A Wi-Fi-repeater is basically a device that contains two routers. One router receives the signal from your wireless router, while the other transmits the signal for the secondary network. If your repeater only has a single band, then this effectively results in a 50% drop in bandwidth. This is quite a palpable downgrade, especially if you use your Wi-Fi network for demanding applications.
It’s possible to get a dual-band repeater that has dedicated channels for both receiving and transmitting Wi-Fi signals. Although the bandwidth loss in such a setup isn’t anywhere near 50%, there will still be some drop in performance. As you would expect, a dual-band repeater is slightly more expensive.
3. Easy to install
One of the best reasons for using a Wi-Fi repeater is its ease of installation. You basically only need to find a spot in your household or outdoors where the repeater can still receive signals from your wireless router. The spot also needs to have a nearby electrical power supply. Finding such a spot should be pretty easy. Nowadays, most repeaters are small devices that plug directly into an electrical outlet.
The price may vary from one brand to another, but Wi-Fi repeaters are generally inexpensive. You probably won’t need to spend more than $30 for a high-quality Wi-Fi repeater that’s easy to set up.
What is a Wi-Fi extender?
A Wi-Fi extender, as its name implies, also serves to extend the coverage of your Wi-Fi network. However, a Wi-Fi repeater also has the exact same purpose. So, what makes a Wi-Fi extender any different?
The answer is that a Wi-Fi extender relies on a wired connection to your home network via an Ethernet cable to create its own secondary network. In older households, the network can be extended using coaxial cables.
By connecting to your original local network, a Wi-Fi extender effectively doesn’t create a new network. It quite literally only extends the coverage of your local network by acting as a secondary router. Compared to Wi-Fi repeaters, the benefits and disadvantages of using a Wi-Fi extender are as follows:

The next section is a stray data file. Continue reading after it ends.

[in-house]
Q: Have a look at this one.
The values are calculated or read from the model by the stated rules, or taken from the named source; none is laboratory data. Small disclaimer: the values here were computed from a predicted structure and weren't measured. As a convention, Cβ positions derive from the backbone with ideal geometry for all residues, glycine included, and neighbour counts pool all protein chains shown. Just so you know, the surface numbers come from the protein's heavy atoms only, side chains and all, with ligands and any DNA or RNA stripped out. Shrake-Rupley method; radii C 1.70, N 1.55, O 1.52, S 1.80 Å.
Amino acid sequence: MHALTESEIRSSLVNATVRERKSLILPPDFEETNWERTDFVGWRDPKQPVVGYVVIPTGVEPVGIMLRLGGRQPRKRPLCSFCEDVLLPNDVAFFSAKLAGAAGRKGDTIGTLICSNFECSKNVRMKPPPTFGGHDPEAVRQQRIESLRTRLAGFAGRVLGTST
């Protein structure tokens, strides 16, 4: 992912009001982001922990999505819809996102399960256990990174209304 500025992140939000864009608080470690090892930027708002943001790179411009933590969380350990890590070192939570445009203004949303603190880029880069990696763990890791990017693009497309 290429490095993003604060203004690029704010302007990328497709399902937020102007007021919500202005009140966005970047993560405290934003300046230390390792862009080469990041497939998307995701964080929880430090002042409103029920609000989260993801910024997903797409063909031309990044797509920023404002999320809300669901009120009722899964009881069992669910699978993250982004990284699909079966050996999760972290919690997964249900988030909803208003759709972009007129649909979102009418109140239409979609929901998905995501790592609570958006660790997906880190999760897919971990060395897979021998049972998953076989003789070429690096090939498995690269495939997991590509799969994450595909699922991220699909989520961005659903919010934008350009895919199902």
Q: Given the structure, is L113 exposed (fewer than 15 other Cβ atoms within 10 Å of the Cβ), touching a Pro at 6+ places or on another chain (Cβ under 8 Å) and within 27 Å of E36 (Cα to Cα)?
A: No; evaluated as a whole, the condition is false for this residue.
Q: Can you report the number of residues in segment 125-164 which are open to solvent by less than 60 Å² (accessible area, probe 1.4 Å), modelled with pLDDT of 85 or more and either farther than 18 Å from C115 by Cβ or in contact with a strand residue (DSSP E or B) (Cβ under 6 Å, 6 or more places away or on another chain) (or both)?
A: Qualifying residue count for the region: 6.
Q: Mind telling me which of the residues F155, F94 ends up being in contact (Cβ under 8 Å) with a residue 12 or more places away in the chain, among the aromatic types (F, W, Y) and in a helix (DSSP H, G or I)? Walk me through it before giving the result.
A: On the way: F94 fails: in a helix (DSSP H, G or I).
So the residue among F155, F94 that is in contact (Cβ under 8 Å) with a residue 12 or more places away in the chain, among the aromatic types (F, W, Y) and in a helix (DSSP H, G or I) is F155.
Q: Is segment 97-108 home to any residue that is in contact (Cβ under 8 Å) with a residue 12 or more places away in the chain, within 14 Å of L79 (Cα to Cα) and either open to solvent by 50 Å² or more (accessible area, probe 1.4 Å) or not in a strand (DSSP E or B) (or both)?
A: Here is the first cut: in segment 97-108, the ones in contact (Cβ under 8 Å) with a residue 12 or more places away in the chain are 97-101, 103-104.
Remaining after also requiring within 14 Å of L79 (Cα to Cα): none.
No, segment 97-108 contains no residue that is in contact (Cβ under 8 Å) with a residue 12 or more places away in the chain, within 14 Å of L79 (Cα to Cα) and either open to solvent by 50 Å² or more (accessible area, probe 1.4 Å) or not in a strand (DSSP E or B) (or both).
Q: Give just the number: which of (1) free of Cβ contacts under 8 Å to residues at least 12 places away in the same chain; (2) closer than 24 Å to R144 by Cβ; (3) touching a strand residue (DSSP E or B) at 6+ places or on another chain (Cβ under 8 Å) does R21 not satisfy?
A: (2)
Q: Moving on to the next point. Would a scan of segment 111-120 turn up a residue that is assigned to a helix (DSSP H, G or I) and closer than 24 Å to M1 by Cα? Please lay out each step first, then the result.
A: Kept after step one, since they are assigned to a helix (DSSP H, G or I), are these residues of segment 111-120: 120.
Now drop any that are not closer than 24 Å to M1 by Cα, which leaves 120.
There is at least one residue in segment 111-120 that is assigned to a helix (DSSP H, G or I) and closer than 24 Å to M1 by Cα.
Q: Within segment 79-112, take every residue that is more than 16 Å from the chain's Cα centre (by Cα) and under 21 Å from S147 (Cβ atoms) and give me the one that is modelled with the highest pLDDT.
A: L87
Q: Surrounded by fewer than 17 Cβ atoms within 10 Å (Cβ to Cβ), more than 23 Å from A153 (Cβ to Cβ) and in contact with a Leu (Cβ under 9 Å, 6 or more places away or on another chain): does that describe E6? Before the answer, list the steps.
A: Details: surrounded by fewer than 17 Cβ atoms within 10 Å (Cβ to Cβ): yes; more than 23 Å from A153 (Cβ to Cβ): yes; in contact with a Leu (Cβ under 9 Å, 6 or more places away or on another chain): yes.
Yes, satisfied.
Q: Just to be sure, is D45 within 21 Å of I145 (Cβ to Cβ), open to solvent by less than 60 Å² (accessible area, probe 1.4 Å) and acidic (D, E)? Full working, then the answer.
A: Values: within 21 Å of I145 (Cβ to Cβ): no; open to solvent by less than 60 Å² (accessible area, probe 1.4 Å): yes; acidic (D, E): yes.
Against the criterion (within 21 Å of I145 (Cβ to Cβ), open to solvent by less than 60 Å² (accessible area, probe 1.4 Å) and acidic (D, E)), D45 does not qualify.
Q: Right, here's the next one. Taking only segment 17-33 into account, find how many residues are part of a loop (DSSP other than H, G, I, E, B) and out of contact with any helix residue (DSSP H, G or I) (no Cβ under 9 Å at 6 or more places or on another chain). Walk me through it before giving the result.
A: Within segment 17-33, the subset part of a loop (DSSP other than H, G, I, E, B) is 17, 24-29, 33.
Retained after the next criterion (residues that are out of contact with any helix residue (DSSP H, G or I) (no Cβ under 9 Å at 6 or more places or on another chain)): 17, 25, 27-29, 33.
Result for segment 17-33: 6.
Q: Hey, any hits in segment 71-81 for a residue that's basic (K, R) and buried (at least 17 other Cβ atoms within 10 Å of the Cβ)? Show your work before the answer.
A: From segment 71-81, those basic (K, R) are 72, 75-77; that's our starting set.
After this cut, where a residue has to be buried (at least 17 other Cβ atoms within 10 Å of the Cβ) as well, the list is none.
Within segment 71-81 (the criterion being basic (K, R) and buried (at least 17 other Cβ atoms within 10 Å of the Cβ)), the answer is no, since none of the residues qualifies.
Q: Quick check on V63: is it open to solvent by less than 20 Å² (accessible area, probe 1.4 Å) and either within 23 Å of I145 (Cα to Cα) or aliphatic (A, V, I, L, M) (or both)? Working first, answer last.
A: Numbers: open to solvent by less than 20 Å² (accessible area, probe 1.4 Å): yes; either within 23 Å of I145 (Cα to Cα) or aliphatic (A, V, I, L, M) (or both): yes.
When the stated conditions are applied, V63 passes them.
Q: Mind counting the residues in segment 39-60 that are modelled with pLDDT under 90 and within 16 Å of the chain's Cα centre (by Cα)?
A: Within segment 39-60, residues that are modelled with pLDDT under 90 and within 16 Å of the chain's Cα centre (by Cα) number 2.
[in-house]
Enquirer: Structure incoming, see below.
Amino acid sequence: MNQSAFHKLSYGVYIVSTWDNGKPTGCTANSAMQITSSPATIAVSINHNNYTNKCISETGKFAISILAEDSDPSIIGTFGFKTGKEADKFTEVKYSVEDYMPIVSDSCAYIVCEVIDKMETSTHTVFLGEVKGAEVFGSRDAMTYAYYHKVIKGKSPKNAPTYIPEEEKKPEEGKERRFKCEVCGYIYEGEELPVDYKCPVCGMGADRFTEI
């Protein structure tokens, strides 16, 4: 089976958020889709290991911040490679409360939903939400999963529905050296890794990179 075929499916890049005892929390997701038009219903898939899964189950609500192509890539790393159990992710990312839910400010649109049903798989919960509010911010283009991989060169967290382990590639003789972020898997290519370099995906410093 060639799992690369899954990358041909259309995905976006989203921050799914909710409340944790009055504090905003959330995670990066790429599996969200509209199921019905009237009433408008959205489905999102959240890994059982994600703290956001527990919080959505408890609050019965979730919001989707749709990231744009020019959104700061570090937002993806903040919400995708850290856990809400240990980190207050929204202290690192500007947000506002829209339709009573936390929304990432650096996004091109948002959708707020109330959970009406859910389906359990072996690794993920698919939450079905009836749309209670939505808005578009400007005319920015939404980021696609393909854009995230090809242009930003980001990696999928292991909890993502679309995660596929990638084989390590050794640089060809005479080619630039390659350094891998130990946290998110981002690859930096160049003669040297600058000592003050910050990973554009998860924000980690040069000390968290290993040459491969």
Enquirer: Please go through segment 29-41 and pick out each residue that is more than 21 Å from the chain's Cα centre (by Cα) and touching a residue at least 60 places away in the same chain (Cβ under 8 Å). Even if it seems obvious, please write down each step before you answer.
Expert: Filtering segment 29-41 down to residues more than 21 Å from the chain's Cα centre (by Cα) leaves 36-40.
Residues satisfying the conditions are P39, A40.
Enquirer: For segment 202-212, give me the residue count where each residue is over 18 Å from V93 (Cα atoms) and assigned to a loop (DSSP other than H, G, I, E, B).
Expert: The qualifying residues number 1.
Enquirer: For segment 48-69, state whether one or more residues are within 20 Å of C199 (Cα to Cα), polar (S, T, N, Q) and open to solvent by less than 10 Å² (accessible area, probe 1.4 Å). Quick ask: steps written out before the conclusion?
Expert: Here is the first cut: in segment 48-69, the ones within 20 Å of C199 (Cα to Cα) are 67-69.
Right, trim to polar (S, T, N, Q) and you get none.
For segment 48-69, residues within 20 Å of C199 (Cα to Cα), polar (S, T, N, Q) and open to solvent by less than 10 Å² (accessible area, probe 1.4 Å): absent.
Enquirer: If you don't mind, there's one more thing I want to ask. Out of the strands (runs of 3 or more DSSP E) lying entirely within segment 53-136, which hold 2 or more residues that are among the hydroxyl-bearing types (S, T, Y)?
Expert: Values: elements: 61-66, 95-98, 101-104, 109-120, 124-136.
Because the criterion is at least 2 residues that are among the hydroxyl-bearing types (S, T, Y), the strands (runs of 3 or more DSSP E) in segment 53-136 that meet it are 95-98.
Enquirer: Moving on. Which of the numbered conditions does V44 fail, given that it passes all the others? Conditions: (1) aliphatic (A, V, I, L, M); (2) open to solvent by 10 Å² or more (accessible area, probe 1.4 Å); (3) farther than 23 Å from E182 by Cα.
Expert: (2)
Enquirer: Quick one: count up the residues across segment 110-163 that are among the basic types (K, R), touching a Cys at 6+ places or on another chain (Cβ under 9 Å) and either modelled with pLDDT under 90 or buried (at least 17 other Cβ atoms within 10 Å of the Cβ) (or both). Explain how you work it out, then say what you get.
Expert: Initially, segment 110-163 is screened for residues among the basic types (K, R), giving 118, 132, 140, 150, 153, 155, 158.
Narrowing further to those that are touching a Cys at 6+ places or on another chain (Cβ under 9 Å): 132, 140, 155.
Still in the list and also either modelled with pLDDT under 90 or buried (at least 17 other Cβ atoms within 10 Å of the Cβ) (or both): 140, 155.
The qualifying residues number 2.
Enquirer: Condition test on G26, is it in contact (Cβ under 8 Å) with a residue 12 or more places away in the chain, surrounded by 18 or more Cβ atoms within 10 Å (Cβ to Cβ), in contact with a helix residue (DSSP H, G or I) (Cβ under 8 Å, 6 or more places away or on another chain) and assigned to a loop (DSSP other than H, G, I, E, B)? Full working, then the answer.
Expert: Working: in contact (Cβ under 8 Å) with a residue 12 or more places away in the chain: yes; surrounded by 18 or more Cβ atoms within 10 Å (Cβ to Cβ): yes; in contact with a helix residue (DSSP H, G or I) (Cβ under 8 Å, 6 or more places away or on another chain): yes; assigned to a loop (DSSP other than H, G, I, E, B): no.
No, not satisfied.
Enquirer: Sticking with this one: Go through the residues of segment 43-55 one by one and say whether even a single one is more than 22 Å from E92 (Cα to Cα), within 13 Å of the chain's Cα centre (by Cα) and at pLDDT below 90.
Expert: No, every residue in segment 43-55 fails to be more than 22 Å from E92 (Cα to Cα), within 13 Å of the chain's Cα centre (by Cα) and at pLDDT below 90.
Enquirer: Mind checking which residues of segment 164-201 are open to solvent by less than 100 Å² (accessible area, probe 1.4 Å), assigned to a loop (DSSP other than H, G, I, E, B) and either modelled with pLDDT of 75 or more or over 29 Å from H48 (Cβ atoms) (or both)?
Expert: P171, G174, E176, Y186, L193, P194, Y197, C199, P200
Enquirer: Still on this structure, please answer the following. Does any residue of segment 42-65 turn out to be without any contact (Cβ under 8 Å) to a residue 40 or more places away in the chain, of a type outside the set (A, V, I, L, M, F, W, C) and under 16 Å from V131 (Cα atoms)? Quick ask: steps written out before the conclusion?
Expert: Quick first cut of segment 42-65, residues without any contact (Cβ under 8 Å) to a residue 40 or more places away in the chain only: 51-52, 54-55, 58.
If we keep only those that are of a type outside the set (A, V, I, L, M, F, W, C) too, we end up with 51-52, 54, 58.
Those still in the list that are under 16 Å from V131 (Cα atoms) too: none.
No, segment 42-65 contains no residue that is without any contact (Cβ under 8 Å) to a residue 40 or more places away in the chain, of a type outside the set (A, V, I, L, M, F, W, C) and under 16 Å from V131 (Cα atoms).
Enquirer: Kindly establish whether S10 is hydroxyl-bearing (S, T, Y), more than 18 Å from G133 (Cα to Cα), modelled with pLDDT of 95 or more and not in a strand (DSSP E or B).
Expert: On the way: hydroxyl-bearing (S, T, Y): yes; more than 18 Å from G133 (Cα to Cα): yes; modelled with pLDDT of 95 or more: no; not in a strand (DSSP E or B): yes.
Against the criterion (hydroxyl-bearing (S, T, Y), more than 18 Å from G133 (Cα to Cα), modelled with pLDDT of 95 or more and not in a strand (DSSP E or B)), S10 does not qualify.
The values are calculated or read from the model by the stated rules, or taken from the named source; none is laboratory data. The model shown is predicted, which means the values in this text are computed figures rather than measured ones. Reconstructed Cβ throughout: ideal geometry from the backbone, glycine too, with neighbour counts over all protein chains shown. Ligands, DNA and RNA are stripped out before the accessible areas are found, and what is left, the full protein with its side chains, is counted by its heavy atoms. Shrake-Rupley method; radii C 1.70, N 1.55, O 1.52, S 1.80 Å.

1. Provides a more stable connection
Since a Wi-Fi extender connects to your local network via a wired connection, it is not subject to signal dropouts that are typical with Wi-Fi repeaters. You also don’t need to worry about interference from other routers or nearby electrical devices. Basically, your connection with a Wi-Fi extender is just as solid as the one on your primary wireless router. For this reason, Wi-Fi extenders are more preferred in places with dense building materials or a high number of sources of wireless interference.
2. No bandwidth loss
Since Wi-Fi extenders connect directly to the local network, they suffer virtually no signal loss. This means that you get to enjoy the maximum bandwidth of your local network, wherever you may be in your household or workplace. This can be particularly important for professional users who need an Internet connection that is as fast as possible.
3. Limited installation options
The reliance of a Wi-Fi extender on a wired network connection makes it much harder to install and set up than a Wi-Fi repeater. If your chosen spot doesn’t have a convenient Ethernet port nearby, then you might have to lay down several meters of Ethernet cables just to extend the coverage of your local network. You’ll also need to have a nearby power supply. In any case, a Wi-Fi extender isn’t quite as “plug and play” as a Wi-Fi repeater.